Early Treatment of Child Obesity Can Safeguard Children’s Health, Study Finds

Early Treatment of Child Obesity Can Safeguard Children’s Health, Study Finds

A recent study conducted by scientists at the Karolinska Institute in Sweden revealed that early treatment of child obesity can effectively prevent potential long-term health risks and safeguard children’s well-being. The researchers also provide important tips for parents to address childhood obesity.

According to a report by the World Health Organization (WHO), the number of obese children worldwide has increased tenfold in the past 40 years. In the United States alone, there are over 14 million obese children, which accounts for nearly 20 percent of all children. The study published in 2016 indicates that pediatric obesity can lead to heart, bladder, and liver-related health problems in adulthood. Furthermore, it can also make children more susceptible to depression at a young age.

Childhood obesity is associated with an increased risk of various diseases such as diabetes, cardiovascular problems, certain types of cancer, and mental health issues, as noted by the study authors. However, parents often tend to ignore the long-term consequences of obesity since they are not fully aware of them.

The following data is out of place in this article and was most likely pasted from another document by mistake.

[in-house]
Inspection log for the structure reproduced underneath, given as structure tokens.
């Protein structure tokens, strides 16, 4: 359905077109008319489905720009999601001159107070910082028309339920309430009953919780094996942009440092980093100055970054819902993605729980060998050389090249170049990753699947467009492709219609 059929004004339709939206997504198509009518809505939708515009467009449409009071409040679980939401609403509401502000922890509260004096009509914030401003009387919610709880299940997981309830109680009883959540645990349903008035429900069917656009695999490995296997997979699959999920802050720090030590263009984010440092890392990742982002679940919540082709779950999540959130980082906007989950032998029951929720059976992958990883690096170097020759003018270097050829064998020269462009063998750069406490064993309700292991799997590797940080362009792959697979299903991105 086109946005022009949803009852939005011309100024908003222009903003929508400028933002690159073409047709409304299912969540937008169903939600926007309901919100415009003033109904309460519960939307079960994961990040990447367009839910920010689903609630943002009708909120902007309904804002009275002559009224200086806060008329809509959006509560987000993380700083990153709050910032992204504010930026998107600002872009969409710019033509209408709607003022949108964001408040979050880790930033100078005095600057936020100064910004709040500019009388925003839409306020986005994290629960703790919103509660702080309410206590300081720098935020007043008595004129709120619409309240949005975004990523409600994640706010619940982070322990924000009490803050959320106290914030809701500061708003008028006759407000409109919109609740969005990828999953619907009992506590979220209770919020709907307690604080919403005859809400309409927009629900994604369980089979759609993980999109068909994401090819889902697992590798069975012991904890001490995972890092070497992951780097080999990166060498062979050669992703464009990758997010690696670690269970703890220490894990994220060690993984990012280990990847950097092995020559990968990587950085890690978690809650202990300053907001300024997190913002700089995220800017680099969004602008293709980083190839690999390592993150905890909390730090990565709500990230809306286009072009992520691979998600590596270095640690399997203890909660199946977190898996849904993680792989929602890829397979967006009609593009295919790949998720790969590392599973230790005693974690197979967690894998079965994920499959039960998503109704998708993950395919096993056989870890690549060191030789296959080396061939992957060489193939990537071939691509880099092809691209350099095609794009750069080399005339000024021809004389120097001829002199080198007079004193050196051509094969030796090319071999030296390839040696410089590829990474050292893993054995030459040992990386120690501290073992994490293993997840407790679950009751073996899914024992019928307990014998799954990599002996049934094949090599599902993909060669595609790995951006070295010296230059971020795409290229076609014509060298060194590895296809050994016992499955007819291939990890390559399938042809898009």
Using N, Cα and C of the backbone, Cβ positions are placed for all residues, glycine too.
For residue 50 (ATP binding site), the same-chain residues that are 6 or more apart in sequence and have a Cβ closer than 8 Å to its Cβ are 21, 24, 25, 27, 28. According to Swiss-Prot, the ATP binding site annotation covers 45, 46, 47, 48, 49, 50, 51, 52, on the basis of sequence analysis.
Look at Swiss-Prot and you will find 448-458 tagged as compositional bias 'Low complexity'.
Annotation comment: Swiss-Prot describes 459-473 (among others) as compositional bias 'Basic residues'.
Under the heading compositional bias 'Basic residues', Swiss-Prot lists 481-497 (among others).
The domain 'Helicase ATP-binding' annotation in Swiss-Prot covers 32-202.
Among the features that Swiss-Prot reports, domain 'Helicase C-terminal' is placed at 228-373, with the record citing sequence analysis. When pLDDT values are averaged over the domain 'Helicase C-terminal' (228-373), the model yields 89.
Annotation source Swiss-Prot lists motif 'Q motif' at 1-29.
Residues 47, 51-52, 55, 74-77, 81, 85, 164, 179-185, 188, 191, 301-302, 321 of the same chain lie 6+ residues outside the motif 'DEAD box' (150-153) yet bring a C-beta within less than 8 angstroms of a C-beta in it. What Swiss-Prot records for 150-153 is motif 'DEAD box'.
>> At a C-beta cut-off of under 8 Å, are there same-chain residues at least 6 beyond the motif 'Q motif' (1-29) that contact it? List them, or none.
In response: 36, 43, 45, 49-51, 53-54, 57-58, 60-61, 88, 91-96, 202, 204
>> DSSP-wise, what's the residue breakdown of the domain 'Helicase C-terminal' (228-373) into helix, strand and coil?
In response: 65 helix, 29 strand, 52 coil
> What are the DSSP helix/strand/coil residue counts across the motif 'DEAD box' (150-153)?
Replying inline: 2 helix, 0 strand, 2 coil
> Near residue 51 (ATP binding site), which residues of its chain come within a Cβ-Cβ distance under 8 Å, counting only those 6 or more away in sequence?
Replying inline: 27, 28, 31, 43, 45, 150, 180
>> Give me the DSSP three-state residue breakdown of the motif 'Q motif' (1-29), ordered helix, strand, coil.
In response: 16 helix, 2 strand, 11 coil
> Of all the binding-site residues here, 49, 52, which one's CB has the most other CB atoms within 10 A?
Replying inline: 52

The new study tested three easy-to-implement treatment strategies for child obesity. The researchers conducted a randomized controlled study involving 170 medically diagnosed obese children aged four to six. The children and their parents were divided into three groups based on the treatment they received.

The first group received standard treatment, including sessions aimed at improving diets. The second and third groups involved only the parents, who received guidance on promoting healthy lifestyles in their families. The third group received follow-up telephone support throughout the study.

The conversations with parents focused on setting boundaries, teaching children new behaviors, and communicating with others involved in the children’s lives, such as preschools, grandparents, and neighbors. Parents were advised to involve their children in cooking, provide vegetables when they are hungry, avoid rewarding them with food, and ensure that food is not associated with emotions and achievement.

After two years, the researchers evaluated the children’s obesity and overall health. They found that all three groups showed improvements in weight, but the children whose parents received parental support, especially those who also received follow-up phone calls, had the best results. These children showed not only improvements in weight status but also better metabolic health, with improved levels of blood lipids and glucose.

The study suggests that treating obesity during childhood is more effective than waiting until adolescence. By addressing the factors contributing to obesity early on, parents have a better chance of success in preventing long-term health problems and avoiding more complex treatments, such as bariatric surgery.

Overall, the study highlights the importance of early intervention in combating child obesity. Parents play a crucial role in promoting healthy habits and lifestyle choices, and their active involvement can significantly impact their children’s health outcomes.

Source: International Journal of Obesity

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